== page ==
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Moral - Essay Example

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Invasion of privacy is also an additional moral issue sat stake. The fact that Jane overheard Sue talking about a pregnancy that she is just…
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Analysis of Moral Arguments Analysis of Moral Arguments Identify the Moral Issues at Stake One of the moral issues at stake is honesty because Jane needs to admit that she has been eavesdropping on her friend’s conversations. Invasion of privacy is also an additional moral issue sat stake. The fact that Jane overheard Sue talking about a pregnancy that she is just about to terminate means that there is the possibility of exposing a critical moral failing. The issue of loyalty is also at stake in this case because Jane needs to protect the interests of her brother and best friend (Vaughn, 2013).
Who have Moral Stakes in this Scenario? Do they Conflict? And what are they?
Evidently, Jane and Sue have conflicting moral stakes. In addition, the public and the school are also involved because they do not support abortion. Jane has a moral stake of admitting that she has been eavesdropping on the conversation of her best friend, and act that is ethically wrong. She should be a loyal friend to Sue, who does not invade her privacy without her knowledge. In addition, Jane has a moral stake of revealing that Sue and her younger brother have been sexually active and that Sue is considering an abortion. The school has a moral stake because it needs to maintain high levels of morality and a remarkable reputation. Without a doubt, the moral stakes of Jane and Sue are conflicting. If Jane decides to admit that she has been eavesdropping on Sue, their friendship will be compromised due to the invasion of privacy. In addition, if Jane decides to tell the truth about Sue’s plan of carrying out an abortion, she will also be putting the interests of her brother at risk. On the other hand, Sue’s moral stake involves telling the truth that she has been sexually active and taking responsibility of her actions by keeping the baby. Sue also needs to identify the real father of her unborn child. It is Sue’s right to expect her phone call conversations to be entirely private (Fink, 2008).
Assuming you are a deontologist like W.D. Ross, how would you weigh the different moral stakes, interests, or duties against each other? That is, are some moral stakes “weightier” than others? Are some moral considerations or interests or stakes more important than others? Can you rank them?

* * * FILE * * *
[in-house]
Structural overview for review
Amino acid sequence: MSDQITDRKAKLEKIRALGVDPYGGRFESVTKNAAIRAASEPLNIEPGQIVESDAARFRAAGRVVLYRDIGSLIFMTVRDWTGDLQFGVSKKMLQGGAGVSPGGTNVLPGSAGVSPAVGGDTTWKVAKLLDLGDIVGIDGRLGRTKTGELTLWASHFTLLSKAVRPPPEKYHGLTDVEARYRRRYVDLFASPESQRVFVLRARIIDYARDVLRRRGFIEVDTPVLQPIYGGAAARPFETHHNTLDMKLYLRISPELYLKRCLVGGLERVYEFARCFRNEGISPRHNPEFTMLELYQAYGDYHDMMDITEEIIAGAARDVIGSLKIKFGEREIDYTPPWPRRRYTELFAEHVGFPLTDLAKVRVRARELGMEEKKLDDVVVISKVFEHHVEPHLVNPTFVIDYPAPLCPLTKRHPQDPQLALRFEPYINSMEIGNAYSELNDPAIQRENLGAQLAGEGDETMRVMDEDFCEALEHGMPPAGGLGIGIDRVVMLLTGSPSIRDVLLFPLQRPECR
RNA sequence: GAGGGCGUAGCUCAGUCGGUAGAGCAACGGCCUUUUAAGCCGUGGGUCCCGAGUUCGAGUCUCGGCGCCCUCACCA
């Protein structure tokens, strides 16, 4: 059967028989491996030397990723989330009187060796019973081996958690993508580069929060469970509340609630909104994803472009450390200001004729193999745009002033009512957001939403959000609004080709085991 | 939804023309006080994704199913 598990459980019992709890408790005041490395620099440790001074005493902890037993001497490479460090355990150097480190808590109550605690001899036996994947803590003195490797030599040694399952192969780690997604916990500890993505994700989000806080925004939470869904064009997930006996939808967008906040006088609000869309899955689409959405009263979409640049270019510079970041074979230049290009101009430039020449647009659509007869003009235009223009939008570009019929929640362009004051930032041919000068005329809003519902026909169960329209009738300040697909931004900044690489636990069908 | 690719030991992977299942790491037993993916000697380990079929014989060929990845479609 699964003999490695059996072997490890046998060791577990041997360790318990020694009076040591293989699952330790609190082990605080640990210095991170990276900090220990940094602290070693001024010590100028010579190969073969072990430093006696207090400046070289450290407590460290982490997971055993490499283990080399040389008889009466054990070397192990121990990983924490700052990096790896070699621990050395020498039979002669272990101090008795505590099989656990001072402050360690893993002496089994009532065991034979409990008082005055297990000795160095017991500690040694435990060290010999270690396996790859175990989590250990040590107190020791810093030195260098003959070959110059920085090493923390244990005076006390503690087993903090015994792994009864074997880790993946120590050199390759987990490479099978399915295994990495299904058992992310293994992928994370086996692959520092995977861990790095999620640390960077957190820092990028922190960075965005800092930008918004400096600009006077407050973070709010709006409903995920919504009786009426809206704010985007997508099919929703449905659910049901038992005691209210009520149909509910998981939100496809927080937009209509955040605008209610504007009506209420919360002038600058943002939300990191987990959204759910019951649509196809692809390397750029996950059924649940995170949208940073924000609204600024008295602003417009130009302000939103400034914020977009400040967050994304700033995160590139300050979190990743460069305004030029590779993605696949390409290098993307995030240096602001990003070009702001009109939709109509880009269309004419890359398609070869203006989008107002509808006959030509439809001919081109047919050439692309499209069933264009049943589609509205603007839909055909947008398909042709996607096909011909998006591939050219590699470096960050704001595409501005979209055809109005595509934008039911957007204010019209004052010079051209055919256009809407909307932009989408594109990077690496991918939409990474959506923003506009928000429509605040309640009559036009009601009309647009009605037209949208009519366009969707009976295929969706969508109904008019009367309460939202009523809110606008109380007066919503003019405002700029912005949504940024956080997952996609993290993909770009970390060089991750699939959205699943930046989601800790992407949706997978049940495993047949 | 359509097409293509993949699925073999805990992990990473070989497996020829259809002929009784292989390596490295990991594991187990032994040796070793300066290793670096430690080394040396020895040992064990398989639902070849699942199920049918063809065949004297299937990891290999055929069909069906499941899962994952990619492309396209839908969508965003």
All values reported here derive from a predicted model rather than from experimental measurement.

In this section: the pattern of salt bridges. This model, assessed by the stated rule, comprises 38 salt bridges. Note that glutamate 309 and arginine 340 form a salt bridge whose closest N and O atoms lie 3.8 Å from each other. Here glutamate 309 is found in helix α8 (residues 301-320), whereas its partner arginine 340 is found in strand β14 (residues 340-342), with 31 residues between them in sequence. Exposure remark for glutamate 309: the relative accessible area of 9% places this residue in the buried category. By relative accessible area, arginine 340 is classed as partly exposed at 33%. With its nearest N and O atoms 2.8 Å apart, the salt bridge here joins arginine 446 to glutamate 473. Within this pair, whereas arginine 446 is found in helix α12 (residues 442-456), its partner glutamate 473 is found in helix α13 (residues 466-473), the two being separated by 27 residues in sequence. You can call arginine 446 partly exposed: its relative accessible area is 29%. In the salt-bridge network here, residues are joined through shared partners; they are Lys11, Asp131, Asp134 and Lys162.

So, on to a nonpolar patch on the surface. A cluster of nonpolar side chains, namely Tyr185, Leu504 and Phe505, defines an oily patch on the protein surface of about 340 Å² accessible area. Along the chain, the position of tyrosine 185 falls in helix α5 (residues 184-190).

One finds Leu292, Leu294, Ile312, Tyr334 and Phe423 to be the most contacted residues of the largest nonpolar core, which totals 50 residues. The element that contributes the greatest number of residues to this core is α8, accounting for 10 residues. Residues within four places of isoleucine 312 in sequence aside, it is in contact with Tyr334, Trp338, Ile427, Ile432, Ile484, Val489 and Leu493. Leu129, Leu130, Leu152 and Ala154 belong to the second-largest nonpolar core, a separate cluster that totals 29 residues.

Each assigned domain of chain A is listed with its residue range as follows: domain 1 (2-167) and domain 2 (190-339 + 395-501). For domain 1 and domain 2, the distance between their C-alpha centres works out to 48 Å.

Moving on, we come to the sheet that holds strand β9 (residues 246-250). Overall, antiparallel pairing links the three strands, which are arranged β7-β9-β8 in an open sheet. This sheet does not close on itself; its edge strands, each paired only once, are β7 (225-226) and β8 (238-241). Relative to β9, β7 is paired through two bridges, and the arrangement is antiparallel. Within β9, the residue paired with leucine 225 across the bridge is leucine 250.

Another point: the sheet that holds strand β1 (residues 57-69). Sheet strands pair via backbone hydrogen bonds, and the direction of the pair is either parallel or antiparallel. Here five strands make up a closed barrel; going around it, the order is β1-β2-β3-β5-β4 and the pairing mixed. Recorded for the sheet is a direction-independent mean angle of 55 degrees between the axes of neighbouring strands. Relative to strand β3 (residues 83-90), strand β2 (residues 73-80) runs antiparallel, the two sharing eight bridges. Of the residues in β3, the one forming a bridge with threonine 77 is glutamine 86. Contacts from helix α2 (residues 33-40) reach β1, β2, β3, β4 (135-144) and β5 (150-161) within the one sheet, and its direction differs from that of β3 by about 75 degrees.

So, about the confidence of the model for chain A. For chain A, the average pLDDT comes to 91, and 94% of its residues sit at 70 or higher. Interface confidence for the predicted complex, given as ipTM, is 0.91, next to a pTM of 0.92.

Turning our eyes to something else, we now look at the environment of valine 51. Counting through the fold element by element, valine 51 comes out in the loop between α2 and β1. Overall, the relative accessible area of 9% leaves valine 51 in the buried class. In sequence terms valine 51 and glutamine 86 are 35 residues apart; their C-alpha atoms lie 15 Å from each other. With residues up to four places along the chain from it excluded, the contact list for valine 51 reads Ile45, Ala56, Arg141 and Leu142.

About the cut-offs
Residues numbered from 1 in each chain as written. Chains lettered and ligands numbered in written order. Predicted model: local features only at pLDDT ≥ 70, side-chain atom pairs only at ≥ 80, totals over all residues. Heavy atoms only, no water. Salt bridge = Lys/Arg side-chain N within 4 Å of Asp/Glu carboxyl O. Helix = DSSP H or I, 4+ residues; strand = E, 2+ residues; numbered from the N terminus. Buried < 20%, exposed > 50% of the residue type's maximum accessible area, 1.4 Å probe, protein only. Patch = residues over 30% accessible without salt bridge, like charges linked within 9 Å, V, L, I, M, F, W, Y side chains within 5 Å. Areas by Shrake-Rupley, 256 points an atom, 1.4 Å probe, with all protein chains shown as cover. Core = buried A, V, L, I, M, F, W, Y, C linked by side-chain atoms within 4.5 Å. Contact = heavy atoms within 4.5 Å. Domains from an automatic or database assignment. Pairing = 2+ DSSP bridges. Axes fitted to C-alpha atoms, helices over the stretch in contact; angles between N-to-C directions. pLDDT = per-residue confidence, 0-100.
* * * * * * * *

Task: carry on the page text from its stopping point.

From the case study, it is evident that Sue’s right to privacy is not as important as a violation of a moral law and taking one’s life through an abortion. In addition, Sue’s right to privacy appears to be less important than her indulgence in irresponsible sexual activity and secretly considering an abortion. In the case of Jane, invasion of privacy appears to be a less important issue than exposing the truth, which can save the life of an unborn child. From the facts provided in the case, Jane should reveal the truth that she has been eavesdropping on Sue’s conversation. On the other hand, Sue should admit that she has been indulging in sexual activity and that she is pregnant. She should also be willing to take up the responsibility of bringing up the unborn child. Jane’s younger brother should also assume the responsibilities of a father if he is the one responsible for impregnating Sue (Vaughn, 2013).
How would a Utilitarian Approach this Case?
From a utilitarian approach, the right thing to do would be the one that promotes good for everyone. Therefore, Jane should not say anything about Sue’s pregnancy. Therefore, she will not be compelled to admit that she was eavesdropping, and their friendship will normally continue. In addition, if Jane keeps quiet, she will save her brother the trouble of being involves in a scandal because of his sexual activity. If Sue goes on with the abortion, she will have cleared the evidence of her sexual irresponsibility and will remain in the school without anyone suspecting her actions. However, Sue is likely to suffer the effects of her actions in the future when the truth about the abortion eventually comes out (Vaughn, 2013).
How do you know an issue is moral or not? How do you distinguish it from other types of arguments, non-moral arguments.
A moral argument involves conflicting ethical beliefs and moral stakes. Moral arguments involve actions that have the potential to harm or help the individual, as well as other people in the society. Therefore, a moral argument has alternatives that the individual can choose from depending on their level of morality. On the other hand, non-moral arguments do not have any ethical principles or moral stakes (Fink, 2008).
What is the structure of a moral argument; what must an argument have to be considered valid moral argument?
Moral arguments comprise of two elements. The first element is a conclusion supported by the ethical believes while the second element comprises of premises that denote the reasons for supporting the conclusion (Vaughn, 2013).
References
Fink, C. K. (2008). Moral reasons: An introduction to ethics and critical thinking. Lanham, Md: University Press of America.
Vaughn, L. (2013). Contemporary moral arguments: Readings in ethical issues. New York: Oxford University Press. Read More
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